Graphs, your choice of watch and how not to get eaten.

Vintage digital wristwatch with databank and schedulerI can still remember how excited I was when, aged 7, I got my first digital watch. It was clear to me that digital watches, with their accuracy and lack of complicated hands, were going to conquer the world. So why am I here 33 years later with an analogue watch?

Surprisingly it’s to do with speed. Although the 7 year old Bernie found reading the analogue hands on a clock to be tricky, once you have that skill it becomes much quicker to get a “quick feel for time” by glancing at an analogue watch. It’s to do with the part of the brain that interprets information. The digital watch requires us to engage the part of our brain that deals with text. This is slow and deliberate. The analogue watch uses the visual processing centres alone, making it potentially much fasters (unless it’s still a conscious skill, i.e. you are learning). These visual centres are much quicker, as it’s the same brain “circuitry” that has evolved to stop us being eaten and falling off cliffs.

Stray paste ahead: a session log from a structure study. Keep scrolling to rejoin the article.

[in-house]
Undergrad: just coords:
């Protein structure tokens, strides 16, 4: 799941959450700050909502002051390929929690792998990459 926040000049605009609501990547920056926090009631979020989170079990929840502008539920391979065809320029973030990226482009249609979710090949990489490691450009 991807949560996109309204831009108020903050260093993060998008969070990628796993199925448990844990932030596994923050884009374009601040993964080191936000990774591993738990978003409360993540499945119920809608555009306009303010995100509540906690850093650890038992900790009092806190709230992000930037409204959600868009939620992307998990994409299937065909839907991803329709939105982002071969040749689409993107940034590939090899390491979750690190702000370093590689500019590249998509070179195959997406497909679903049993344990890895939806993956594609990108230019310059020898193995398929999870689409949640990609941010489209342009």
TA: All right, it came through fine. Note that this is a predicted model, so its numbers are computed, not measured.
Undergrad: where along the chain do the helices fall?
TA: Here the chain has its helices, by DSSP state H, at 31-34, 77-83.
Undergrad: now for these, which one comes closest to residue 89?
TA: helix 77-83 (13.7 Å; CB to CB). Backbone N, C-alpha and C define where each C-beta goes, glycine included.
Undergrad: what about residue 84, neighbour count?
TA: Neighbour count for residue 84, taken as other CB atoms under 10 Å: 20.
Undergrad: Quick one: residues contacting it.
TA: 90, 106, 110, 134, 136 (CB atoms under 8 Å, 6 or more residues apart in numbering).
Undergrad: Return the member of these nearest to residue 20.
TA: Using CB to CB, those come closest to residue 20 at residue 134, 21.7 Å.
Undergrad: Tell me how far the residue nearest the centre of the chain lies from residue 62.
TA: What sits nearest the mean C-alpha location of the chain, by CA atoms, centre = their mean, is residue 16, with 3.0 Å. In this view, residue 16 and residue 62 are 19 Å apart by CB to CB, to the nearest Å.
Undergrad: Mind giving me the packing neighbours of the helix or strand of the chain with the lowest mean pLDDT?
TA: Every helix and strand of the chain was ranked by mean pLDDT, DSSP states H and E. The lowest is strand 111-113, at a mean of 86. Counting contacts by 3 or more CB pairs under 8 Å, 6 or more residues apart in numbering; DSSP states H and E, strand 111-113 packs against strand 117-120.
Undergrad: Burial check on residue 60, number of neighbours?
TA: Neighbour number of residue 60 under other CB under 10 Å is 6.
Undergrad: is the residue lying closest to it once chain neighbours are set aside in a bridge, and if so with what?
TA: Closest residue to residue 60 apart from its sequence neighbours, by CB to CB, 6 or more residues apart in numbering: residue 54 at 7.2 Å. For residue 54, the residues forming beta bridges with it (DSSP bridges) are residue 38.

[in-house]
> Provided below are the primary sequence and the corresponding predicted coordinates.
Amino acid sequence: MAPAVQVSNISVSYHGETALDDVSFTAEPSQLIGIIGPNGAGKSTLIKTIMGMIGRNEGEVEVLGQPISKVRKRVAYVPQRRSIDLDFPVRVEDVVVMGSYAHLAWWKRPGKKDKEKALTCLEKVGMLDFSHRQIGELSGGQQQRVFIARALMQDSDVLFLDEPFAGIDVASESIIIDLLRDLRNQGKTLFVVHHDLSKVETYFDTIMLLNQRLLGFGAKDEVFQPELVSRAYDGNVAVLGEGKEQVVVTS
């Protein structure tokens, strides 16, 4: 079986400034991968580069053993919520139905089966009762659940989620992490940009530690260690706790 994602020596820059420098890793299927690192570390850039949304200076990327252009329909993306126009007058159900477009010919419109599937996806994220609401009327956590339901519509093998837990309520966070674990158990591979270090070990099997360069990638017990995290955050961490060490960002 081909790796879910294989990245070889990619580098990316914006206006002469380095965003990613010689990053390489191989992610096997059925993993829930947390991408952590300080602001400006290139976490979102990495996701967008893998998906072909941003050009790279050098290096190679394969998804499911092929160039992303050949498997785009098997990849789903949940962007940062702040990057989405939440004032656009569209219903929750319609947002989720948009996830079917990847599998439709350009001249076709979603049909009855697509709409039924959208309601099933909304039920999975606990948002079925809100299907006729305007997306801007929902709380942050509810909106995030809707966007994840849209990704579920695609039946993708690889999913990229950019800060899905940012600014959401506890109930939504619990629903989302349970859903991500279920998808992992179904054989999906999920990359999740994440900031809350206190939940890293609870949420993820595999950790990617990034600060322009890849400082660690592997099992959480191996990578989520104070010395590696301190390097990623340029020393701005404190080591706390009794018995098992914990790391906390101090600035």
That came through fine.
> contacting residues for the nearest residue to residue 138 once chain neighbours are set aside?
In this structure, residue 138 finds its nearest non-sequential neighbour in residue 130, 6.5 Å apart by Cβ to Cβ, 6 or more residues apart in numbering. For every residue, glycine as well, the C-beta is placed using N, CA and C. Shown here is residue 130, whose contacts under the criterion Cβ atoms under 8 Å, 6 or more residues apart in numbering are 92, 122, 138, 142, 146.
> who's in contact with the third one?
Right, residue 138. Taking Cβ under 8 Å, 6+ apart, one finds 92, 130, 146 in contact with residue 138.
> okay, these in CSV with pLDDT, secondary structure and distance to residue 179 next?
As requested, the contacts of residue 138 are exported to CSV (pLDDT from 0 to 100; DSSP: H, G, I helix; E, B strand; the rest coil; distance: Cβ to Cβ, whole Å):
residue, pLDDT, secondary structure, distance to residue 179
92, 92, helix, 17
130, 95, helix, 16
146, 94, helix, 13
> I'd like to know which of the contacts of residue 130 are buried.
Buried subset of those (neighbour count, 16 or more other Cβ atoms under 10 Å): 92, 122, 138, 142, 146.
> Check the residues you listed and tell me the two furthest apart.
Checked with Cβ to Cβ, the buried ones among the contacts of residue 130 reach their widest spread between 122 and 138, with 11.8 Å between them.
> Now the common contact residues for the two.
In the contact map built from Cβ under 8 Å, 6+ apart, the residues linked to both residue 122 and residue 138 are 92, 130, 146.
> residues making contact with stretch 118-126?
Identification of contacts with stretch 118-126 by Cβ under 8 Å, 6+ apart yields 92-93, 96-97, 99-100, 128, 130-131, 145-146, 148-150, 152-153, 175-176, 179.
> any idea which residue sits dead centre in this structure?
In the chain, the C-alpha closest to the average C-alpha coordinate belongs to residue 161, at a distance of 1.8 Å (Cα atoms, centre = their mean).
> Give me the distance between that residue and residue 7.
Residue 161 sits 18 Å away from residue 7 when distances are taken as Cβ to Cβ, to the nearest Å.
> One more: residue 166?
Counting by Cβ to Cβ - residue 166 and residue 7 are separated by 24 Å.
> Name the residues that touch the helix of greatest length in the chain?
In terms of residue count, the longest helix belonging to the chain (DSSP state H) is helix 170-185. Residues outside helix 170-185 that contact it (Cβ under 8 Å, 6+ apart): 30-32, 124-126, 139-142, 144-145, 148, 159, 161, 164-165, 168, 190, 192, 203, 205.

So what’s this got to do with KPIs? Put simply, a good graph is like an analogue watch. Designed correctly it should deliver almost immediate insight, without slow “conscious” thought. Data tables on the other hand are much more like a digital watch, offering precision at the cost of speed.

I like my old fashioned analogue watch, but it’s interesting to see that both types of watch have their fans. It’s settled into a kind of Coke/Pepsi rivalry. What I have learned is that there’s a place for both graphs and tables, but it’s good to blend their use to play to their strengths and weaknesses..

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